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Concrete RevolutionLarge Dams, Cold War Geopolitics, and the US Bureau of Reclamation$
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Christopher Sneddon

Print publication date: 2015

Print ISBN-13: 9780226284316

Published to Chicago Scholarship Online: May 2016

DOI: 10.7208/chicago/9780226284453.001.0001

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Large Dams, Technopolitics, and Development

Large Dams, Technopolitics, and Development

(p.1) One Large Dams, Technopolitics, and Development
Concrete Revolution

Christopher Sneddon

University of Chicago Press

Large dams, brought into being through a combination of technological prowess, engineering expertise and political-economic calculation, have radically altered humanity’s relationship with planetary river systems. This ‘concrete revolution’ was deeply connected to global geopolitics and efforts by the United States foreign policy apparatus to exert influence over newly emerging nation-states via technical and economic assistance. This chapter introduces the book’s major themes: the intimate linkages among geopolitics, technologies, and large-scale environmental transformations carried out in the name of “development”; and the production and transfer of the powerful ideal that the river basin is the most appropriate unit for a host of inter-related water development and management activities. These themes are examined through a conceptual framework that integrates contemporary thinking on assemblages, technopolitics, environmental history and the geopolitics of development. Large dams, as technological objects constituted through assemblages of capital, knowledge and power, represent a crucial spatial and temporal node of technopolitics in the 20th century. These hybrids behave in often unpredictable ways, despite the best efforts to plan for and take account of the social and biophysical changes wrought by damming a river.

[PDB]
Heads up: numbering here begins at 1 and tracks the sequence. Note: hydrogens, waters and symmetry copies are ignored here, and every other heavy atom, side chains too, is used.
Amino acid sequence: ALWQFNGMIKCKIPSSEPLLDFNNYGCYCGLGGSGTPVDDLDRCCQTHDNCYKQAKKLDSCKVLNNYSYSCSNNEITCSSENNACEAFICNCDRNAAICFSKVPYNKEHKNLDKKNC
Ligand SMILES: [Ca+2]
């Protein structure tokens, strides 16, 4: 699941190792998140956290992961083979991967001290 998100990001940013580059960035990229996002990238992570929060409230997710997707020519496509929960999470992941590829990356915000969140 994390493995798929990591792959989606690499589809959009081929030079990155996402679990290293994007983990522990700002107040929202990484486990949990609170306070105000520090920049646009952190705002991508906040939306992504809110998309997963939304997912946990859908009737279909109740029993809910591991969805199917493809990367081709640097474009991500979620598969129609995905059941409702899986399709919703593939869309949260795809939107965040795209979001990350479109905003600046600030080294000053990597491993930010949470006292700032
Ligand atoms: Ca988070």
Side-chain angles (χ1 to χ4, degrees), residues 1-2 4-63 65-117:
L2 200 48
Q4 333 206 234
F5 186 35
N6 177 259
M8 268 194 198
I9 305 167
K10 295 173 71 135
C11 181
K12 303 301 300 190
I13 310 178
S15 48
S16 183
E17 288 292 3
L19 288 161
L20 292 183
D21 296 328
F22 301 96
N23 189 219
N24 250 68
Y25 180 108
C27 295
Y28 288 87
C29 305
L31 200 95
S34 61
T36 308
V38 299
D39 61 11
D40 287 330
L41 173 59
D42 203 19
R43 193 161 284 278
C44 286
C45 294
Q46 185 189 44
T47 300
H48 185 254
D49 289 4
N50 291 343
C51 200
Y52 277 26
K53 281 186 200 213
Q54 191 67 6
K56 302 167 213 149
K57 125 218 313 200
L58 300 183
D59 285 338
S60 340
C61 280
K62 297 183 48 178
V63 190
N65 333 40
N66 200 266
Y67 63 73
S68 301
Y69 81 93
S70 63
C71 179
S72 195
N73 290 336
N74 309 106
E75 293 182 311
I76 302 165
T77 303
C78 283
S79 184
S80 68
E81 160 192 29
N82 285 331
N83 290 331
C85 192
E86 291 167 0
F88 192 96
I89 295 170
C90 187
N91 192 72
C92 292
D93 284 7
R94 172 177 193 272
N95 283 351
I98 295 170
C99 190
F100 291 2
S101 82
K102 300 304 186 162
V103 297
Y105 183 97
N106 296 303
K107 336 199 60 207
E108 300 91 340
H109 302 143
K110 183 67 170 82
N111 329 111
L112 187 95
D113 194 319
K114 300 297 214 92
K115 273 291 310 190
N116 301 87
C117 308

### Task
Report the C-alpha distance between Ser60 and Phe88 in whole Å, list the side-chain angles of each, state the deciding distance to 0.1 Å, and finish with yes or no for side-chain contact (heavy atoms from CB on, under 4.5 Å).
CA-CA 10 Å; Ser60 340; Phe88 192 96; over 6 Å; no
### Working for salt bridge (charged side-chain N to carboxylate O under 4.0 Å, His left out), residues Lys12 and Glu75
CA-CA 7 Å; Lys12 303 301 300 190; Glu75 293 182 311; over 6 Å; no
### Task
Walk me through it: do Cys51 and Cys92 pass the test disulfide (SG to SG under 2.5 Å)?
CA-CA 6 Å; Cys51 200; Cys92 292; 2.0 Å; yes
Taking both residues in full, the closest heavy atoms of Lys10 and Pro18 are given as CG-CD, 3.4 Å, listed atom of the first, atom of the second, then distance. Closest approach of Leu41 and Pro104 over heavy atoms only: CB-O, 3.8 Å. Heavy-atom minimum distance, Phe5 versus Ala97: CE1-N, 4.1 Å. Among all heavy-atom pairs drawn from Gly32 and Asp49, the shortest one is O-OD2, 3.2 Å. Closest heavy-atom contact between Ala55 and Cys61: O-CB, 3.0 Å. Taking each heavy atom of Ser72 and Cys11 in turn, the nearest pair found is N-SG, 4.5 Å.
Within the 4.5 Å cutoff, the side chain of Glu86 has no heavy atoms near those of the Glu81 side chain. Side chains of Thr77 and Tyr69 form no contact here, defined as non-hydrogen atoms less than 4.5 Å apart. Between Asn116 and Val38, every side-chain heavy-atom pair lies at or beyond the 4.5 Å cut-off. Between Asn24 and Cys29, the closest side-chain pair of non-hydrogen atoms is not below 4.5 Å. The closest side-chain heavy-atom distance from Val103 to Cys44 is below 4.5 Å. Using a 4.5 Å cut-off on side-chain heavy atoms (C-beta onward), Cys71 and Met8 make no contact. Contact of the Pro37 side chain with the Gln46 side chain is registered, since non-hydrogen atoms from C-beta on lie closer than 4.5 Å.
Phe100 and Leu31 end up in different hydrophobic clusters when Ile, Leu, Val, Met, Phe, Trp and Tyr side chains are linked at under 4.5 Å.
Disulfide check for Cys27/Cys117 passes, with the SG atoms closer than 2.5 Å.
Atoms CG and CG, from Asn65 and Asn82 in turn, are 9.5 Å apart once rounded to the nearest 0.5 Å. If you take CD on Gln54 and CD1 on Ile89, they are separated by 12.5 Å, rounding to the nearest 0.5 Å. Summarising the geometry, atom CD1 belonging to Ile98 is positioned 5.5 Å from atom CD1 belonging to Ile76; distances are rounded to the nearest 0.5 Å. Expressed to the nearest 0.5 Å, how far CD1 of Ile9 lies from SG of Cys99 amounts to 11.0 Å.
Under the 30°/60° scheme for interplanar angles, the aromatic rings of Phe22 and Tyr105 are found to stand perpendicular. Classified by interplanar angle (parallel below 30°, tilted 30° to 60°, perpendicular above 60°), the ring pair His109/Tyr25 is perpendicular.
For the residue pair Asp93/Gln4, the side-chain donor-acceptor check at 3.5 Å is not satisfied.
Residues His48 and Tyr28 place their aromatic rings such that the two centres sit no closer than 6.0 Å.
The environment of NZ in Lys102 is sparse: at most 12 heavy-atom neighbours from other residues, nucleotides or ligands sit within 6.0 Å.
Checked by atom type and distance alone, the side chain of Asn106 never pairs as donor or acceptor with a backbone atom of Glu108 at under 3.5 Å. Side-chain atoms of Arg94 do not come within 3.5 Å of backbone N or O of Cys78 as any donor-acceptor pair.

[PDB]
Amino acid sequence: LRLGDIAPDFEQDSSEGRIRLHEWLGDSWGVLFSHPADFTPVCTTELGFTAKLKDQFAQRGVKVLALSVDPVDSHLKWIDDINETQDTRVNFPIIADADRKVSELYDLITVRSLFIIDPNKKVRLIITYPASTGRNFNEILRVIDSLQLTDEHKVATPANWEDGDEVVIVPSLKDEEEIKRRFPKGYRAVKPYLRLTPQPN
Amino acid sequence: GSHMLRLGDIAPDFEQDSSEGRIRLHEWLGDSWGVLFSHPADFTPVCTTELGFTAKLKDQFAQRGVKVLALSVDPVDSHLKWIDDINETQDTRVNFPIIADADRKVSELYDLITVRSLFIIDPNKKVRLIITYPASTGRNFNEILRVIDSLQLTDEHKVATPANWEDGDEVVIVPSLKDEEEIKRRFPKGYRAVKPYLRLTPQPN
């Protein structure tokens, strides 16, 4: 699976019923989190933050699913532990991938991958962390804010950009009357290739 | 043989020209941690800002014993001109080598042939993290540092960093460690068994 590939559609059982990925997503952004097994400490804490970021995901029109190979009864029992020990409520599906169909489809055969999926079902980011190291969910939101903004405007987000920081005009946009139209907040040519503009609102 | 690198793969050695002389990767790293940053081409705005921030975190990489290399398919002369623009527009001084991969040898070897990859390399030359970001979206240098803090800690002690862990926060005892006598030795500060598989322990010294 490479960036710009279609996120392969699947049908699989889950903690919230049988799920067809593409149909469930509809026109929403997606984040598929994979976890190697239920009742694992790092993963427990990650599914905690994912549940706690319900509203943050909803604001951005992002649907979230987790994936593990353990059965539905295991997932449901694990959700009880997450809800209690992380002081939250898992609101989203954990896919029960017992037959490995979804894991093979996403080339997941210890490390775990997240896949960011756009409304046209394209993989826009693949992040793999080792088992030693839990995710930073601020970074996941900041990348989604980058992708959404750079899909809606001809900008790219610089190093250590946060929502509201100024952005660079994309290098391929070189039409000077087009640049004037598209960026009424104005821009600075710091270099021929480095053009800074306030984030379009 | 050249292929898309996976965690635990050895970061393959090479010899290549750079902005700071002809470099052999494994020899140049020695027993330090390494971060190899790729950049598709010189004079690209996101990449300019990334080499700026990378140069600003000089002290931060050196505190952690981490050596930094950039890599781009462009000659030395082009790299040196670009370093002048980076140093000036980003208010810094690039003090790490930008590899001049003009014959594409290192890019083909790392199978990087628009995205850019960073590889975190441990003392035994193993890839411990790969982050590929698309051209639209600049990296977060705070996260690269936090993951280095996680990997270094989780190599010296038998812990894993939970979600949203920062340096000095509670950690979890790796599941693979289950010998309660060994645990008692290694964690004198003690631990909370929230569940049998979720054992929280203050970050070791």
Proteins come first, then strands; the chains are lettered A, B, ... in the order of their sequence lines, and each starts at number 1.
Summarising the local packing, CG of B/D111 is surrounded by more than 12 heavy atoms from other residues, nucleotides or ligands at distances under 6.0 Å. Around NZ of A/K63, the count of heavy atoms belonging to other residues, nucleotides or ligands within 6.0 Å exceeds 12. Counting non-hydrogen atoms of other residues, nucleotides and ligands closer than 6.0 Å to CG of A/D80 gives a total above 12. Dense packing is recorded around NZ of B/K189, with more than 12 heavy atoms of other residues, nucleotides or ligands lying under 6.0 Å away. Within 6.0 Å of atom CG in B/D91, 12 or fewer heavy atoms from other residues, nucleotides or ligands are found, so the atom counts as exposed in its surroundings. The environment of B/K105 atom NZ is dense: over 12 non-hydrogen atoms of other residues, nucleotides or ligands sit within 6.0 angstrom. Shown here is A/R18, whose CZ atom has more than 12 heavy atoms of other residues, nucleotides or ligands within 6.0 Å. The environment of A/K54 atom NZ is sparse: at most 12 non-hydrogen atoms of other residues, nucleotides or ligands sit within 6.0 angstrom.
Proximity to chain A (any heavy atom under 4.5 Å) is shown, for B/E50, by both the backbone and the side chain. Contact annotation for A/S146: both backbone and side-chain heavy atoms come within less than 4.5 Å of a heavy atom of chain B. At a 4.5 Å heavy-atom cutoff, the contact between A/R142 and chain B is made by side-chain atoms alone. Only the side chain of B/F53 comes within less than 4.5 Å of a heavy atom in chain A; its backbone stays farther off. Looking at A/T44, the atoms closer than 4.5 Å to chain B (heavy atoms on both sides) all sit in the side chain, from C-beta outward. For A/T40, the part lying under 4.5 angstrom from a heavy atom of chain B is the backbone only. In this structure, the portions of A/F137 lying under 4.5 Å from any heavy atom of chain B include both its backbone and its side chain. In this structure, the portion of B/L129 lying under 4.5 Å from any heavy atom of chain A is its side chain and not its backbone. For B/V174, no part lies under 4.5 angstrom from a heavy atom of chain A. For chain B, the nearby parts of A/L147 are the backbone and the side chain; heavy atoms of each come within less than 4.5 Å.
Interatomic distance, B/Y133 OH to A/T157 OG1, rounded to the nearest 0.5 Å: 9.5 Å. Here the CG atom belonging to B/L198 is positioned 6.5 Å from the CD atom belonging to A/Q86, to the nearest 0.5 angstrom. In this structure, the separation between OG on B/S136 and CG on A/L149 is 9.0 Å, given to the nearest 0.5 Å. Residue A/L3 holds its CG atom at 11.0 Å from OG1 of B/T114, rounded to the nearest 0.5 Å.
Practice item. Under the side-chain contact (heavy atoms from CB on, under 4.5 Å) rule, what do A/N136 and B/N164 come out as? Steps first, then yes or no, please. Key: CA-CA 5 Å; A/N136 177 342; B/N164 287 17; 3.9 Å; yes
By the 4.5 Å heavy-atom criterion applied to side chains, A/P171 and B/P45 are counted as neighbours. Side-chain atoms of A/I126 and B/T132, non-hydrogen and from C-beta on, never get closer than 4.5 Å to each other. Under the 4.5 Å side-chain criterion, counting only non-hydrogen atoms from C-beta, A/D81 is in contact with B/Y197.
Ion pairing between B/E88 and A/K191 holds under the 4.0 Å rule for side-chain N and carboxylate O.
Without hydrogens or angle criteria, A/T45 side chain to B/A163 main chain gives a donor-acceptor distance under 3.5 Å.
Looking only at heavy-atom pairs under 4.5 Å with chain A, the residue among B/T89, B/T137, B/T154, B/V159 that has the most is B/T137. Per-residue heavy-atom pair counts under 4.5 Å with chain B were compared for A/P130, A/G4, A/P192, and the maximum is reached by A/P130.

Keywords:   assemblage, cold war, concrete revolution, environmental history, geopolitics of development, modernization, science and technology studies (STS), technopolitics, World Commission on Dams

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